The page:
Sadler worked as a coal miner in Wyoming for Big Horn from 1953 to 1987. Between 1990 and 2010, Sadler filed three claims for benefits under the BLBA. Big Horn's petition concerns Sadler's third claim, but, in order to understand that claim, it is helpful to review all of Sadler's filings. In 1990, Sadler filed his first claim for black lung benefits, which was denied. Then, in 1994, Sadler filed a subsequent claim as permitted by 20 C.F.R. § 725.309. At this point, Sadler had not yet received "a medical determination of total disability due to pneumoconiosis" to trigger the BLBA's three-year statute of limitations. Sadler's second claim was also denied for failure to prove that he suffered from pneumoconiosis, first by the District Director of the Office of Workers' Compensation Programs in 1996, then by an ALJ in 1998, and finally by the Board in 2000.

         Sadler next sought modification of the denial order. The District Director denied Sadler's request in 2001. Sadler appealed, and his claim was forwarded to the Office of Administrative Law Judges for a hearing. The hearing on Sadler's request for modification was delayed several times between 2001 and 2006 due to continuances sought by both sides. In late August 2005, Sadler requested a continuance because, as his wife explained in a letter to an ALJ overseeing the case, Sadler had been admitted to a hospital for extensive pneumoconiosis testing and it was "too soon for the results to be completed . . . to submit" as evidence. Supplemental Appendix (S.A.) at 3. Sadler's request for a continuance was granted.

         The next month, in September 2005, the doctor sent Sadler a letter diagnosing him with "[c]oal worker's pneumoconiosis" and further opining that Sadler had "total respiratory disability from performing his last coal mine job of one year's duration." Joint Appendix (J.A.) at 123. Sadler did not submit the diagnosis letter to the ALJ. However, Sadler later testified that he received and read the letter that same month. At this point, the three-year statute of limitations began to run, giving Sadler until September 2008 to file a claim under the BLBA. In 2006, amid more continuances regarding his already-pending claim, Sadler obtained an attorney, Tony Alback, after having been mostly unrepresented since July 1990. It is unclear from the record whether Sadler provided the 2005 doctor letter to Alback.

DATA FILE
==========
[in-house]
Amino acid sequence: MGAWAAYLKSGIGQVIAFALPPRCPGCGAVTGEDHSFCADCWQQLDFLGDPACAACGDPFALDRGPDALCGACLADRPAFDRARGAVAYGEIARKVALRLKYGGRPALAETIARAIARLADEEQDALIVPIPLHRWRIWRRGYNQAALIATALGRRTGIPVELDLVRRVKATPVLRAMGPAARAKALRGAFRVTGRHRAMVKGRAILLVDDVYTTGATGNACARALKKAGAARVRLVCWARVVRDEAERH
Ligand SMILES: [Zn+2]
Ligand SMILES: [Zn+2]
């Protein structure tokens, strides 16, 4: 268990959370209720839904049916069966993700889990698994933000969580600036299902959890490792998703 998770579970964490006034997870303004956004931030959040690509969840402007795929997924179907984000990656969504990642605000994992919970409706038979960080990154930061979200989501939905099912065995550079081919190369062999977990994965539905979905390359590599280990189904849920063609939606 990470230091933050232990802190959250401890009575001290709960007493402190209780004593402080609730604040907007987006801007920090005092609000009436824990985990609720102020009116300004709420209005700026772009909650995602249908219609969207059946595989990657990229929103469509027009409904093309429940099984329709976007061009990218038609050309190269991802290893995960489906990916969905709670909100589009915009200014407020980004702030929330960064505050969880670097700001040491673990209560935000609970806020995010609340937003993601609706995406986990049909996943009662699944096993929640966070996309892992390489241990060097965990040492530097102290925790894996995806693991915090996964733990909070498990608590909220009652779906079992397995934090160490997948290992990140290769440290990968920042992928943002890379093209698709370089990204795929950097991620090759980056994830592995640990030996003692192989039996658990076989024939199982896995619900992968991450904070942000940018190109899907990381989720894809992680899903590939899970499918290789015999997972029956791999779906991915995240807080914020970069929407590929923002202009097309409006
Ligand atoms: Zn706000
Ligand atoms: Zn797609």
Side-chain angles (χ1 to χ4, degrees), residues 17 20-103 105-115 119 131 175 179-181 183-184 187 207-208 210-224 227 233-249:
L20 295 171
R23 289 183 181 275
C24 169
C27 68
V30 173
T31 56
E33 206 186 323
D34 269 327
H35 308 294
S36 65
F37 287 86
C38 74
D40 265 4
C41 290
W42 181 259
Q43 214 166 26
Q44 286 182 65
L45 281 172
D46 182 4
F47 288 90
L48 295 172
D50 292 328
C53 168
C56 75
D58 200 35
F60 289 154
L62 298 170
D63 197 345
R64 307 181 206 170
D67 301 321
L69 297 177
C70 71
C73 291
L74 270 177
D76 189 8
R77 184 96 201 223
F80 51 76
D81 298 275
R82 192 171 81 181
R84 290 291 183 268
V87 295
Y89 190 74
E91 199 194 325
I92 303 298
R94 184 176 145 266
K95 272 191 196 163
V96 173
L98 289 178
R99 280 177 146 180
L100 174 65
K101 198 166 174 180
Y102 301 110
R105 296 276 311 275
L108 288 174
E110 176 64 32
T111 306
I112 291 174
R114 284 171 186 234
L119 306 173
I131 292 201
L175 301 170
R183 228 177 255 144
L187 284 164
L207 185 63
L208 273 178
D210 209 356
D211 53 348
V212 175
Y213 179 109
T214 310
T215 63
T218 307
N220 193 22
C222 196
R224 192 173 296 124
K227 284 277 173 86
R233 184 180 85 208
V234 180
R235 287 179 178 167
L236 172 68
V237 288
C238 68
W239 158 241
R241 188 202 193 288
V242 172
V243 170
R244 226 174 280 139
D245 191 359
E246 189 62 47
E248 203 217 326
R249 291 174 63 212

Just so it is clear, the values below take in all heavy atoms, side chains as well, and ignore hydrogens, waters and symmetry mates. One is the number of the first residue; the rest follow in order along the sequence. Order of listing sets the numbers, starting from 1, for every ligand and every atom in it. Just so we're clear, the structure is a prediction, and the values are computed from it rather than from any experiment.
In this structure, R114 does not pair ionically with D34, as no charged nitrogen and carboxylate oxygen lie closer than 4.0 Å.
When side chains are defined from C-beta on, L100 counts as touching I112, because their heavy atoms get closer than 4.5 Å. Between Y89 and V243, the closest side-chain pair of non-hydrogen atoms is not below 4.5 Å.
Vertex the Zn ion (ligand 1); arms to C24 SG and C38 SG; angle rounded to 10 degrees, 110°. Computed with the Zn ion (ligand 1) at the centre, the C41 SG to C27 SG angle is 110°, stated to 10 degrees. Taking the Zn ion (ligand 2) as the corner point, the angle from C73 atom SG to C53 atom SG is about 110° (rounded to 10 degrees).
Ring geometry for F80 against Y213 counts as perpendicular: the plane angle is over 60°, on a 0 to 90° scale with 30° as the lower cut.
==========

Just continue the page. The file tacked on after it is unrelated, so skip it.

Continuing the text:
On June 6, 2008, Alback filed a motion on behalf of Sadler to withdraw Sadler's request for modification of the order denying his 1994 claim for benefits. This motion was filed with Judge William S. Colwell, the ALJ assigned to Sadler's case. The motion indicated that Sadler would be "filing a new claim with the District Director" because Sadler and Alback had determined that it was in Sadler's "best interest to begin the proceeding anew in light of [his] recent medical condition and treatment therefore." J.A. at 64. On June 12, 2008, Judge Colwell conducted a hearing on Sadler's motion to withdraw his request for modification.

         At the hearing, Judge Colwell made several statements that are relevant to this appeal. First, Judge Colwell quoted the letter from Alback that explained that Sadler intended to dismiss his claim and file a new one. Then, Judge Colwell ...